Take the 2-minute tour ×
Mathematics Stack Exchange is a question and answer site for people studying math at any level and professionals in related fields. It's 100% free, no registration required.

I'm working on a problem from Dummit & Foote's Abstract Algebra and I'm a bit confused about one part of the problem. The problem reads:

Let $K$ be an extension of $F$ of degree $n$.

$\bf\text{(a)}$ For any $\alpha\in K$ prove that $\alpha$ acting by left multiplication on $K$ is an $F$-linear transformation of $K$.

$\bf\text{(b)}$ Prove that $K$ is isomorphic to a $\bf\underline{subfield}$ of the ring of $n\times n$ matrices over $F$, so the ring of $n\times n$ matrices over $F$ contains an isomorphic copy of every extension of degree $\leq n$.

I've already worked out $\bf\text{(a)}$, it's the part in $\bf\text{(b)}$ about a "$\bf\underline{subfield}$ of the ring of $n\times n$ matrices" that I'm a bit confused on.

What I have done so far is defined a map $\psi:K\to M_{n}(F)$ from $K$ to the ring of $n\times n$ matrices over $F$ given by $\psi(\iota)=\mathcal{M}_{\mathcal{B}}(T_{\iota})$ where $\iota$ is any element of $K$, $\mathcal{M}_{\mathcal{B}}(T_{\iota})$ is the matrix that represents the $F$-linear transformation $T_{\iota}:K\to K$, with respect to a basis $\mathcal{B}$ of the vector space $K$.

I can readily establish that $\psi$ is an injective homomorphism that is surjective to its image in $M_{n}(F)$ and since $K$ is a field, every nonzero $\alpha\in K$ has an inverse $\alpha^{-1}\in K$ so that $\psi(\alpha^{-1})=\psi(\alpha)^{-1}\in M_{n}(F)$.

So this establishes an isomorphism between $K$ and the image of $K$ under $\psi$.

This is the part that I'm confused about: the elements in $\text{im}\,(\psi)$ are elements of the noncommutative ring of $n\times n$ matrices over $F$. How is it that $\text{im}\,(\psi)$ is a subfield of $M_{n}(F)$ if a subfield is commutative and $M_{n}(F)$ is a noncommutative ring?

I should mention that I'm an undergraduate student in a graduate Galois Theory course and my linear algebra is a bit weak. So if I've left out some important or illuminating details I'd greatly appreciate having them pointed out.

share|improve this question
It's a "subfield" in the sense that it is a subring that happens to be a field. –  Arturo Magidin Feb 7 '12 at 16:38
@ArturoMagidin Ah, re-reading the question that seems more like the issue. Maybe the terminology isn't good. –  Dylan Moreland Feb 7 '12 at 16:41
The point is that $K$ is isomorphic to a subfield of the $F$-algebra $\mathcal L_{F-lin}(K,K)$, end of story. Of course if one wants to uglify this nice result, one can always find a non-natural isomorphism of said algebra with a matrix ring by artificially choosing a basis of $K$ over $F$. –  Georges Elencwajg Feb 7 '12 at 16:59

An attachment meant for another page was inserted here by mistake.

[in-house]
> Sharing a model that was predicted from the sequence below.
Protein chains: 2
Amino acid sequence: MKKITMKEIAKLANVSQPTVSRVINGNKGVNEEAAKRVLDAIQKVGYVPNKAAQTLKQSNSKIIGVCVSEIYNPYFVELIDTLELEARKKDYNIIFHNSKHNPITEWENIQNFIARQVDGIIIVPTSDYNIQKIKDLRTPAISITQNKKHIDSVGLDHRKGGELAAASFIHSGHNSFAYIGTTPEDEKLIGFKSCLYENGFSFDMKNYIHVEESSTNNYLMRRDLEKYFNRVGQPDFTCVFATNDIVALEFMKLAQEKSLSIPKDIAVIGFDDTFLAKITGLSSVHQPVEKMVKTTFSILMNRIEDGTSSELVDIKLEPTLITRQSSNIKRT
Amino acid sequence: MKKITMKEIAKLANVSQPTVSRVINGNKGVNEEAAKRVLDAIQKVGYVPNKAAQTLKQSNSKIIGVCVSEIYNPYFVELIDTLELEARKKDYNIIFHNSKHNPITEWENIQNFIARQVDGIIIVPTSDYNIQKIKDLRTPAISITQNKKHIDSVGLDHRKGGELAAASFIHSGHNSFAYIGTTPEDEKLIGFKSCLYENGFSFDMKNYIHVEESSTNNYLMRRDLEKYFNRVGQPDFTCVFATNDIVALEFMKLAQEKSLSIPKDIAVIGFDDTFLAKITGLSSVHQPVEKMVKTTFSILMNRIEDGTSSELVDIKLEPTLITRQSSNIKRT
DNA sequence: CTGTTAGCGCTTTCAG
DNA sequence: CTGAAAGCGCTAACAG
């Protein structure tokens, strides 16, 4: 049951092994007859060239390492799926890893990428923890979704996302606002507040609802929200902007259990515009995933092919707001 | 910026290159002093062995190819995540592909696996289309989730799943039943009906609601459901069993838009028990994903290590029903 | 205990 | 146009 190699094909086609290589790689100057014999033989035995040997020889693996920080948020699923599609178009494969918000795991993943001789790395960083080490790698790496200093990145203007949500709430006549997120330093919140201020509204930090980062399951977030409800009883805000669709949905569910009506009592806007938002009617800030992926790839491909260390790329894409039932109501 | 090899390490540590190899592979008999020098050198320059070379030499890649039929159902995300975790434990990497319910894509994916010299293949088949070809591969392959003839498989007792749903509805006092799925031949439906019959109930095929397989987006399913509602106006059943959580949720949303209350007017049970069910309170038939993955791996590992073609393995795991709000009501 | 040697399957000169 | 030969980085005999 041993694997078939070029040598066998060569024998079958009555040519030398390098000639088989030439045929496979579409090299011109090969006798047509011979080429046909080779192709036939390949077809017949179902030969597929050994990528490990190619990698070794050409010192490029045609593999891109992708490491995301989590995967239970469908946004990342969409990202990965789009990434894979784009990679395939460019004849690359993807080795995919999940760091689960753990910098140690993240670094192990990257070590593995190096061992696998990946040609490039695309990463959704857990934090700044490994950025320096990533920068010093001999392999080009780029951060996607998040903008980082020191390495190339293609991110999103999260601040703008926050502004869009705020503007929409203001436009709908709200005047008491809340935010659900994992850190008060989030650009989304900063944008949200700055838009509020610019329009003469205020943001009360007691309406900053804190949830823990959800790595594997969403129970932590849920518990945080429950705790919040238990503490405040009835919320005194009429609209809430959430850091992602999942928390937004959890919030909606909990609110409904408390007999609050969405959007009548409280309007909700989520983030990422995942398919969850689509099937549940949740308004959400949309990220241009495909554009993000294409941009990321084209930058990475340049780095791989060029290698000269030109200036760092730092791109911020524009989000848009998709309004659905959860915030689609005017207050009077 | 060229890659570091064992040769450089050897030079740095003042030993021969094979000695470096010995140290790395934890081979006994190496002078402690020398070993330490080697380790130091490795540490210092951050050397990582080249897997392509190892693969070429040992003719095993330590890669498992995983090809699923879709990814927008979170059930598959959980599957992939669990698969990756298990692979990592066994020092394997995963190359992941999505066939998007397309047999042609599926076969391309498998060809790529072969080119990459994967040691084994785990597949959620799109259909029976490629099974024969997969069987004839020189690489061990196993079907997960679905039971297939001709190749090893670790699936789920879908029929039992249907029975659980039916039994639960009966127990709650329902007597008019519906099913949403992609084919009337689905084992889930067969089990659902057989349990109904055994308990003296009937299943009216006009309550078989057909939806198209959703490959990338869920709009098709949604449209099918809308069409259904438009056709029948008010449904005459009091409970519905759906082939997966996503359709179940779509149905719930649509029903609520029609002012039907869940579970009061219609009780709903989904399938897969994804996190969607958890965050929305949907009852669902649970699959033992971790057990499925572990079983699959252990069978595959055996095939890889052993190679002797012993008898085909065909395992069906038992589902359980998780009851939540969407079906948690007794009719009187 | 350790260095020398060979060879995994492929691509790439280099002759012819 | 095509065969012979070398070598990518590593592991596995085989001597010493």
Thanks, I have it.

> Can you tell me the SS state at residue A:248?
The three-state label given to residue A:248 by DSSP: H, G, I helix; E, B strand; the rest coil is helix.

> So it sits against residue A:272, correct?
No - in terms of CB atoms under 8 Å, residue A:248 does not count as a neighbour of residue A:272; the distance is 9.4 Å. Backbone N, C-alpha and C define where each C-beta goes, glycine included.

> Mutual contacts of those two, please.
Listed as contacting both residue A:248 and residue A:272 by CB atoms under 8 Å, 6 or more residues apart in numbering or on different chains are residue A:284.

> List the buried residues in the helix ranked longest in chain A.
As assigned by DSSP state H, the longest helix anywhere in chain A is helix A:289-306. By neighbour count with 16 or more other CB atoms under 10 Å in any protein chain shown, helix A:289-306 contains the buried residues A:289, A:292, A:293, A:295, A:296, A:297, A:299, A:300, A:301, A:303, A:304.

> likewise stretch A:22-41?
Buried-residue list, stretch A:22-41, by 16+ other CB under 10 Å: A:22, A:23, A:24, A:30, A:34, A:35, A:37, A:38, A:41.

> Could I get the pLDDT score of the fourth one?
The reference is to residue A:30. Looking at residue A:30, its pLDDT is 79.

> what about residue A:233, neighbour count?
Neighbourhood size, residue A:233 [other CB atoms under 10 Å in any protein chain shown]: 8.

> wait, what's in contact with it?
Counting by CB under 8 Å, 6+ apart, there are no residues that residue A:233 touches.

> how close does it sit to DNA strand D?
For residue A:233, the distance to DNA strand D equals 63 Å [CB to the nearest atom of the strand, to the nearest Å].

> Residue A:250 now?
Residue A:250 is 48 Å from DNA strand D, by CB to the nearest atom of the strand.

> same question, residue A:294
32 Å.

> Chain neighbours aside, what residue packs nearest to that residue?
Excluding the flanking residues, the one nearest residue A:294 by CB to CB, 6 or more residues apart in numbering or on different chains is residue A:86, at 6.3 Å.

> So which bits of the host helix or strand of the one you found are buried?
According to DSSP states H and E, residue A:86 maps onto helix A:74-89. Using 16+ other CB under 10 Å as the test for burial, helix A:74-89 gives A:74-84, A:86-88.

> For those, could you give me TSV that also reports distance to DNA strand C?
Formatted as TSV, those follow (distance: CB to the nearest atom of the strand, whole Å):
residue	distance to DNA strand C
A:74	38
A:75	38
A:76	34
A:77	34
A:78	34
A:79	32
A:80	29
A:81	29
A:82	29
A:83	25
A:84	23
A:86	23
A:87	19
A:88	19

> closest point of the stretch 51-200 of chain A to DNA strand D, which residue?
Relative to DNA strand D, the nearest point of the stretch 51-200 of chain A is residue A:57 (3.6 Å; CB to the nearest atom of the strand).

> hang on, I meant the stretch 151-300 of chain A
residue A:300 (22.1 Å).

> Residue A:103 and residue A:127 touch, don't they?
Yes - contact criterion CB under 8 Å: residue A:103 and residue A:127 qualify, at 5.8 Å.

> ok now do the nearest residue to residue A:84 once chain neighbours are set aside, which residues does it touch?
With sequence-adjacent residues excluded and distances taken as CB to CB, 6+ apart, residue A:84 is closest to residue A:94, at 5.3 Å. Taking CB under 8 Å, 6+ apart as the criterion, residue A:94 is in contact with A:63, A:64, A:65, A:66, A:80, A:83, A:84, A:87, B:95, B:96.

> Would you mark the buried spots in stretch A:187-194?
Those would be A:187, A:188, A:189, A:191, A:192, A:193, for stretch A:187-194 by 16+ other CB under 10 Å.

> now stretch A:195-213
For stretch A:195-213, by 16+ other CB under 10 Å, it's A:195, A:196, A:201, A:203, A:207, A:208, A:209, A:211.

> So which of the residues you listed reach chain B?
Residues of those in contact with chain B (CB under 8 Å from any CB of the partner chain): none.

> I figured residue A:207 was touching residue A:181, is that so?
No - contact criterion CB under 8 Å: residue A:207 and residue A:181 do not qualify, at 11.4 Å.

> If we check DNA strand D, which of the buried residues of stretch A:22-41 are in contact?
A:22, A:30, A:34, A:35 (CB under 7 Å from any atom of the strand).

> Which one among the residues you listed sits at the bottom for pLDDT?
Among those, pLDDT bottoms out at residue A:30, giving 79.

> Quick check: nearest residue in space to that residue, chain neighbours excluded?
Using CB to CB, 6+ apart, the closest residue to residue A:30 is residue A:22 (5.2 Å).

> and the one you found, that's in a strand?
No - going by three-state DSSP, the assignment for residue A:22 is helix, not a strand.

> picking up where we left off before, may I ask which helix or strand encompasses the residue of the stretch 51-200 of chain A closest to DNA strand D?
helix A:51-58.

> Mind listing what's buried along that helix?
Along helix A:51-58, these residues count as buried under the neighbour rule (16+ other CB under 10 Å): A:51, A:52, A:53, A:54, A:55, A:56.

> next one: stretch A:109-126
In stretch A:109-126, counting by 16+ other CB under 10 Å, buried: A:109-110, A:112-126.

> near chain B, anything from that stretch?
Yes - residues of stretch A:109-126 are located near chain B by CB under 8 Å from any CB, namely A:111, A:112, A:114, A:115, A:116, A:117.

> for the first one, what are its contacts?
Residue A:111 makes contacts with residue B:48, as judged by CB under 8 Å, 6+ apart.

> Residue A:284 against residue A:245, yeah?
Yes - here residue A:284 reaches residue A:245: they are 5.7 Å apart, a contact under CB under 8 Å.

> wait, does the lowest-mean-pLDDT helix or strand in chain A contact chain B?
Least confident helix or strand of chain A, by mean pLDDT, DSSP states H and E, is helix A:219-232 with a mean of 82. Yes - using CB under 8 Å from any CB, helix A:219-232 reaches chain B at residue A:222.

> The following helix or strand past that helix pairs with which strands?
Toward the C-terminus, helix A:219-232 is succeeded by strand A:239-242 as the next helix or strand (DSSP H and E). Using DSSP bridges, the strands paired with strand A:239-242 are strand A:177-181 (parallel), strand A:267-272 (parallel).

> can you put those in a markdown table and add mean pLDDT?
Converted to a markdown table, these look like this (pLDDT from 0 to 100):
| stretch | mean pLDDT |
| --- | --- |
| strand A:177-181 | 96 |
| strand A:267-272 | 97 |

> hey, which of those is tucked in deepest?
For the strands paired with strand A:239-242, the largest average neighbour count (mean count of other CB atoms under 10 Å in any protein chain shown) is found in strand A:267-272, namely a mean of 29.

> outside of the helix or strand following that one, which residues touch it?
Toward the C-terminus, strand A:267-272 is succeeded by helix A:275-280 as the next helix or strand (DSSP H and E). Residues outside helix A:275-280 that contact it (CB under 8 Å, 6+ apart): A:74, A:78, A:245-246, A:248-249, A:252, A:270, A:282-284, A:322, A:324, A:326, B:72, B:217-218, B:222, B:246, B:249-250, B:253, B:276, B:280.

@GeorgesElencwajg Do you mean that the "subfield" in the problem statement is not referring to a subset of $M_{n}(F)$ which has the structure of a field, but that $K$ is isomorphic to a subfield of the collection $\mathcal{L}(K,K)$? I'm sorry, I haven't seen that notation before: $\mathcal{L}(K,K)$ refers to the collection of $F$-linear transformations from $K$ to $K$ correct? –  David K. Feb 7 '12 at 18:04
@GeorgesElencwajg, «The introduction of coordinates is an act of violence,» quoth (more or less) Weyl :) –  Mariano Suárez-Alvarez Feb 7 '12 at 18:39

1 Answer 1

up vote 3 down vote accepted

"Noncommutative" doesn't mean nothing commutes, it just means that things don't necessarily commute. Any noncommutative ring admits commutative subrings, for example the subrings generated by a single element. To give a more explicit example, $\mathbb{C}$ is isomorphic to a subring of $M_2(\mathbb{R})$ via the map $$a + bi \mapsto \left[ \begin{array}{cc} a & -b \\ b & a \end{array} \right]$$

(and this is in fact a special case of the result quoted above).

share|improve this answer
Thanks for the replies. I think I found a very simple answer to my original question. Since $K$ is a field, $\alpha$ and $\beta$ commute, so $\psi(\alpha\beta)=\psi(\beta\alpha)$ and since $\psi(\alpha\beta)=\psi(\alpha)\psi(\beta)$, and $\psi(\beta\alpha)=\psi(\beta)\psi(\alpha)$ it follows that $\mathcal{M}_\mathcal{B}(T_\alpha)\mathcal{M}_\mathcal{B}(T_\beta) =\mathcal{M}_\mathcal{B}(T_\beta)\mathcal{M}_\mathcal{B}(T_\alpha)$. Hence, the matrices in $\text{im}\,(\psi)$ form a commutative subring of $M_n(F)$. –  David K. Feb 11 '12 at 19:34

Your Answer


By posting your answer, you agree to the privacy policy and terms of service.

Not the answer you're looking for? Browse other questions tagged or ask your own question.